Based on the circuit above, select an appropriate capacitance first (both capacitors must be the same value), then these are the formulae ...
Input resistance R1 = Q / (G × 2 × π × f × C) Attenuator resistance R2 = Q / (( 2 × Q² - G ) × 2 × π × f × C ) Feedback resistance R3 = Q / ( π × f × C ) Passband Gain G = 1 / (( R1 / R3 ) × 2 ) Centre Frequency f = (1 / ( 2 × π × C )) × √(( R1 + R2 ) / ( R1 × R2 × R3 ))
In each case, G is gain, Q is quality factor and f is frequency. Capacitors are in Farads, resistors in Ohms and frequency in Hertz.
This process can hardly be regarded as trivial, especially if there is a significant number of filters to design. The program also allows you to apply standard resistor values and then calculate backwards to see how far out the final design will be from the design ideal. This applies to frequency, gain and Q. Capacitor selection will come with experience, but as a guide, the following table will help ....
|20 Hz||80 Hz||390 nF|
|80 Hz||300 Hz||100 nF|
|300 Hz||1,200 Hz||22 nF|
|1200 Hz||4,800 Hz||5.6 nF|
|4,800 Hz||20 kHz||1.5 nF|
Increasing capacitance decreases the resistance values, and especially with multiple filters, care must be taken to ensure that the loading on the input buffer opamp is not excessive. At the same time, low values of capacitance cause problems due to stray capacitance on the board, and resistor values become too high. The above is a reasonable set of values, and will give satisfactory results for most applications.
Naturally, any spreadsheet program (OpenOffice for example) can be used to calculate the values, and this is a much easier way than using a pocket calculator. Of course, you do have to program the spreadsheet, but that only needs to be done once. Texas Instruments (TI) also has a program that was originally called 'FilterPro' (see TI WEBENCH® Filter Designer) that works quite well. It's not easy to drive unless you understand the terminology though, so be prepared to learn the program's quirks as you learn about filters.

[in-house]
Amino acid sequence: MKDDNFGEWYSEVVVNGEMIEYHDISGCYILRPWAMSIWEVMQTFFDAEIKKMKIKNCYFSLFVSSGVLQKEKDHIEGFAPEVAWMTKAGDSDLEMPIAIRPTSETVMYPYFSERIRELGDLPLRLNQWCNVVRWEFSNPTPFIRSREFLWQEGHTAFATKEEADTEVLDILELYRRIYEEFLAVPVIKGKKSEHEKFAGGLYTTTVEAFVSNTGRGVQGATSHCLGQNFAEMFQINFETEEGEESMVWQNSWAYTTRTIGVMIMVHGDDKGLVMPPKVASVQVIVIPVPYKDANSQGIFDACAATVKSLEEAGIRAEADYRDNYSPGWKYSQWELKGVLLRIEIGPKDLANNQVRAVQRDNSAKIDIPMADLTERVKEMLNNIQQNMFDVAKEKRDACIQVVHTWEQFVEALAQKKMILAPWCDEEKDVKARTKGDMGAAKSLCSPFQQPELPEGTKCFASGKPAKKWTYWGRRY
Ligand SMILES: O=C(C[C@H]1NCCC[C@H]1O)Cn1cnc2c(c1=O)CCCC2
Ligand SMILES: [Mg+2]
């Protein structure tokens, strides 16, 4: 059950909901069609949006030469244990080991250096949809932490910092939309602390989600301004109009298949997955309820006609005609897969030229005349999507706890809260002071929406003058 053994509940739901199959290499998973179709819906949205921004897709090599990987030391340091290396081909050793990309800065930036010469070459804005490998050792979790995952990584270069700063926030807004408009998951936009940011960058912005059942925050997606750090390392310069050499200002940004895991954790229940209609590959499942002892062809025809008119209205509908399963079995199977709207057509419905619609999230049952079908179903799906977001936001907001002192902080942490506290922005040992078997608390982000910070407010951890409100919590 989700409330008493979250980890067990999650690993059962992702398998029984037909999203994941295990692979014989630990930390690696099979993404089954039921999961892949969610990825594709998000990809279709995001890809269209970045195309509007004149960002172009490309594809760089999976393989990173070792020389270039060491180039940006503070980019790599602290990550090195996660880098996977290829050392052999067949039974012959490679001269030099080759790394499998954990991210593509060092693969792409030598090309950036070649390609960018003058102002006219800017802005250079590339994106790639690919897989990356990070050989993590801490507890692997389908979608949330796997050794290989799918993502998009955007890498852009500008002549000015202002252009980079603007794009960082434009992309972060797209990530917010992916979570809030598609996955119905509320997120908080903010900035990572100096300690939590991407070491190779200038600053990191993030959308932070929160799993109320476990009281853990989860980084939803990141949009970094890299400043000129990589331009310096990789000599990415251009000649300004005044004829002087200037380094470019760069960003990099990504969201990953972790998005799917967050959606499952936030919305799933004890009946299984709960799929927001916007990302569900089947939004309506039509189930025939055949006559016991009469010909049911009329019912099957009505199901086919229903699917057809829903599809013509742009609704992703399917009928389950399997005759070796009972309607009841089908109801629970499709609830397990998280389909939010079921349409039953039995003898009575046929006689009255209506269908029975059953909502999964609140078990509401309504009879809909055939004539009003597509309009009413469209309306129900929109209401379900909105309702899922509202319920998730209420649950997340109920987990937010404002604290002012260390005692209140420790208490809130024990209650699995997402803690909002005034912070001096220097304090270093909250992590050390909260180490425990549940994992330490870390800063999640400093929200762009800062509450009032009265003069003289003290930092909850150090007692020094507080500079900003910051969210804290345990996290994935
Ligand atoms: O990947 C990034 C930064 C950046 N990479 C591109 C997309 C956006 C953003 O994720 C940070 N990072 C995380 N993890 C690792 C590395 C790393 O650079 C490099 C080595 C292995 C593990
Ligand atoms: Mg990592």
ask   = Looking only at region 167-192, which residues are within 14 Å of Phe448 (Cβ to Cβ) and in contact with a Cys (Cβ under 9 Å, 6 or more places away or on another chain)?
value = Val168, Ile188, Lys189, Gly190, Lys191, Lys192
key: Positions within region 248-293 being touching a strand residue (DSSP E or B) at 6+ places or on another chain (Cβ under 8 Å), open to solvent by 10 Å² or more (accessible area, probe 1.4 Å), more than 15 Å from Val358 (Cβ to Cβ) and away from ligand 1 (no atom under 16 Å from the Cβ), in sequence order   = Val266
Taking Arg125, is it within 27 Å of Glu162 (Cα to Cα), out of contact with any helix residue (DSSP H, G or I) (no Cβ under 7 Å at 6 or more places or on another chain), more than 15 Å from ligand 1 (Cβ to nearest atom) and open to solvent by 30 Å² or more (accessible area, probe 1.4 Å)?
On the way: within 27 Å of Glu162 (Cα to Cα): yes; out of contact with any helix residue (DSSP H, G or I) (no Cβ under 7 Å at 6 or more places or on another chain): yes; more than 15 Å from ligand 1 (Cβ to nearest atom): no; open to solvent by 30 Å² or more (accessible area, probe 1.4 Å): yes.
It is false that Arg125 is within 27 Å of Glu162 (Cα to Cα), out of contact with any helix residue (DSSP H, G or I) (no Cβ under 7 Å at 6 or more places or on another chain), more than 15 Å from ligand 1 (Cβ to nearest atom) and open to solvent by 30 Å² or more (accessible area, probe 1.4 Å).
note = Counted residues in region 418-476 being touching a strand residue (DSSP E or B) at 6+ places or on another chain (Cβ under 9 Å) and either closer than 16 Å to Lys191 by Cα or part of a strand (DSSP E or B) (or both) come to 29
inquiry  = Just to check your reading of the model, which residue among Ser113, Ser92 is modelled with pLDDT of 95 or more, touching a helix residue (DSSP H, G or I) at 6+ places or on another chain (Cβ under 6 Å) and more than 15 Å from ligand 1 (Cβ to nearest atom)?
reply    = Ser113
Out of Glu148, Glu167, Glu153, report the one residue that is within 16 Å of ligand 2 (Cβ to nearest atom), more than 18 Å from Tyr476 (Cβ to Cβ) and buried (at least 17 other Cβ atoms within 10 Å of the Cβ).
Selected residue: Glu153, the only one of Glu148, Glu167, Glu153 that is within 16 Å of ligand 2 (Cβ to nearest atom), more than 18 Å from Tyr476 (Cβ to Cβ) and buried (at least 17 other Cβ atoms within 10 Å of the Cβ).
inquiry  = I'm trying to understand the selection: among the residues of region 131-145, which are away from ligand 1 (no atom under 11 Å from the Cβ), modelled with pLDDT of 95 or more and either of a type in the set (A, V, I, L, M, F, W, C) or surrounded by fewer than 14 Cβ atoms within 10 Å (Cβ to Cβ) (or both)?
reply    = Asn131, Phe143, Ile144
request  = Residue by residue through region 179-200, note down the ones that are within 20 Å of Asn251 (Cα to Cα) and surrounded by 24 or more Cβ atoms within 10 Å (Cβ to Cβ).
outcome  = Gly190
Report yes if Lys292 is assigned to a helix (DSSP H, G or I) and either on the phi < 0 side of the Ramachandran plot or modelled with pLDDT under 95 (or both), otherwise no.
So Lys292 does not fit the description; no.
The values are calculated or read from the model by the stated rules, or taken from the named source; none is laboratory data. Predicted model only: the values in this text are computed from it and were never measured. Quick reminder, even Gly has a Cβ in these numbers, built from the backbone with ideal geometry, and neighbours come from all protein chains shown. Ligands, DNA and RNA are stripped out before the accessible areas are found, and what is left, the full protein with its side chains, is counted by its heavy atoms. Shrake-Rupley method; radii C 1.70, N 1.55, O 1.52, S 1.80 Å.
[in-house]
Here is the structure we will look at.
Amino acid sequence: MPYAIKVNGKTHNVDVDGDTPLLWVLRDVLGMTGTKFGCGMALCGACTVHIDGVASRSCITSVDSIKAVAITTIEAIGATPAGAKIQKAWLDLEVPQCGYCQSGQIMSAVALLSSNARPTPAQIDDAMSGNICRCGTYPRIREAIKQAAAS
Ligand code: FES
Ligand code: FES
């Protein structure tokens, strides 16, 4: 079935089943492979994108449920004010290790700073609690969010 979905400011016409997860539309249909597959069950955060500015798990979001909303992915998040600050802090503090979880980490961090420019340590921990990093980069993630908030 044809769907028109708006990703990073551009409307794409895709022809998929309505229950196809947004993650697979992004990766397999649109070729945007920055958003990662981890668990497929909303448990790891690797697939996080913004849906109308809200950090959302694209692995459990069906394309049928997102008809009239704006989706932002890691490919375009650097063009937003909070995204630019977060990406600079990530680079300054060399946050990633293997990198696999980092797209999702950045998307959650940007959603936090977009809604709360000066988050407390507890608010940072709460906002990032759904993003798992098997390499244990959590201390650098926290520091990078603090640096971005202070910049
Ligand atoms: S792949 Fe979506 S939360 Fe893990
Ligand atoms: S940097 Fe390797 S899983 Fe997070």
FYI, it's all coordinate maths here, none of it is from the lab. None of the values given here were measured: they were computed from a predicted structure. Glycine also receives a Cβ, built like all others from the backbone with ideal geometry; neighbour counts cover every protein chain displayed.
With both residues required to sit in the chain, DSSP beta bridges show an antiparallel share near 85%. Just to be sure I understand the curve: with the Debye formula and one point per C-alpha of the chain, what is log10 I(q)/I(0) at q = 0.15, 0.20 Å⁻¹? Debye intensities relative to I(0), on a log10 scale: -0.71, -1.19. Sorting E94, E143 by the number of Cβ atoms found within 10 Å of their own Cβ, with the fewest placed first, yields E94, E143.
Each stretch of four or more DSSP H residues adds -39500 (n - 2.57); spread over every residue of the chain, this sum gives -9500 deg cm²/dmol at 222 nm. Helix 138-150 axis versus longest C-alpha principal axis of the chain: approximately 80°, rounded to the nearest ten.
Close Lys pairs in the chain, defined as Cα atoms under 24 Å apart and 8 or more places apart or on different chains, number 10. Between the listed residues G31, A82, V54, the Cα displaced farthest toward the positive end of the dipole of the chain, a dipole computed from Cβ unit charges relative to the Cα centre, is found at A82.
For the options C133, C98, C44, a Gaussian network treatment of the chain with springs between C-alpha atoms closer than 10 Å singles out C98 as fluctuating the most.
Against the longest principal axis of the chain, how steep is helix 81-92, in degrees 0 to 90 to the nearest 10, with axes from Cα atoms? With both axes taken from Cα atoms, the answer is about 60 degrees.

The TI application has a few more bells and whistles, tells you the required minimum gain-bandwidth product of the opamp and is all-in-all a very good design program. It includes many different types of filters and is very flexible, but beginners will find it heavy going at first. It's particularly useful for complex high-order filters, which can be very difficult to design.
For both equalisers and analysers, there are commonly accepted frequencies that are normally used. The exact frequencies depend on the octave division, the application and some degree of manufacturer preference, but nearly all share the basic octave boundaries which are based on a centre frequency of 1000Hz.
For an octave band EQ or analysis instrument (10 Band) the frequencies are usually as follows ...
31 63 125 250 500 1k0 2k0 4k0 8k0 16k
1/2 Octave band frequencies (20 Band) will be (typically) ...
31 44 63 87 125 175 250 350 500 700 1k0 1k4 2k0 2k8 4k0 5k6 8k0 11k 16k 20k
Finally, 1/3 Octave band instruments (30 Band) will typically follow this sequence ...
25 31 40 50 63 80 100 125 160 200 250 315 400 500 630 800 1k0 1k2 1k6 2k0 2k5 3k2 4k0 5k0 6k3 8k0 10k 12k 16k 20k
Naturally, it is possible to use wider bandwidth (and fewer filters) or narrower bandwidth and more filters. Although some 5 band 'graphic' equalisers have been made, they are of limited use for anything other than elaborate tone controls. Anything narrower than 1/3 Octave is rare, since the complexity of the filters increases for higher values of Q. This can get rather expensive, and in reality is of limited use for most applications in audio.
The symbol to the left is a standard representation of a band pass filter, and will be used in future articles or projects using this building block. There are several projects that use bandpass filters, and this article simply describes the basic building block. Some of the projects I originally thought about are already published, and those remaining are fairly unlikely unless someone submits an article for publication. Several people have said they will do so, but none have delivered so far. Those I originally thought of are ...
The last circuit (should it ever come to fruition) will represent a considerable commitment in time and money, but you will be able to build a basic version first, and expand it later as your needs and/or funds allow.
|Copyright Notice. This article, including but not limited to all text and diagrams, is the intellectual property of Rod Elliott, and is Copyright (c) 2000. Reproduction or re-publication by any means whatsoever, whether electronic, mechanical or electro- mechanical, is strictly prohibited under International Copyright laws. The author (Rod Elliott) grants the reader the right to use this information for personal use only, and further allows that one (1) copy may be made for reference while constructing the project. Commercial use is prohibited without express written authorisation from Rod Elliott.|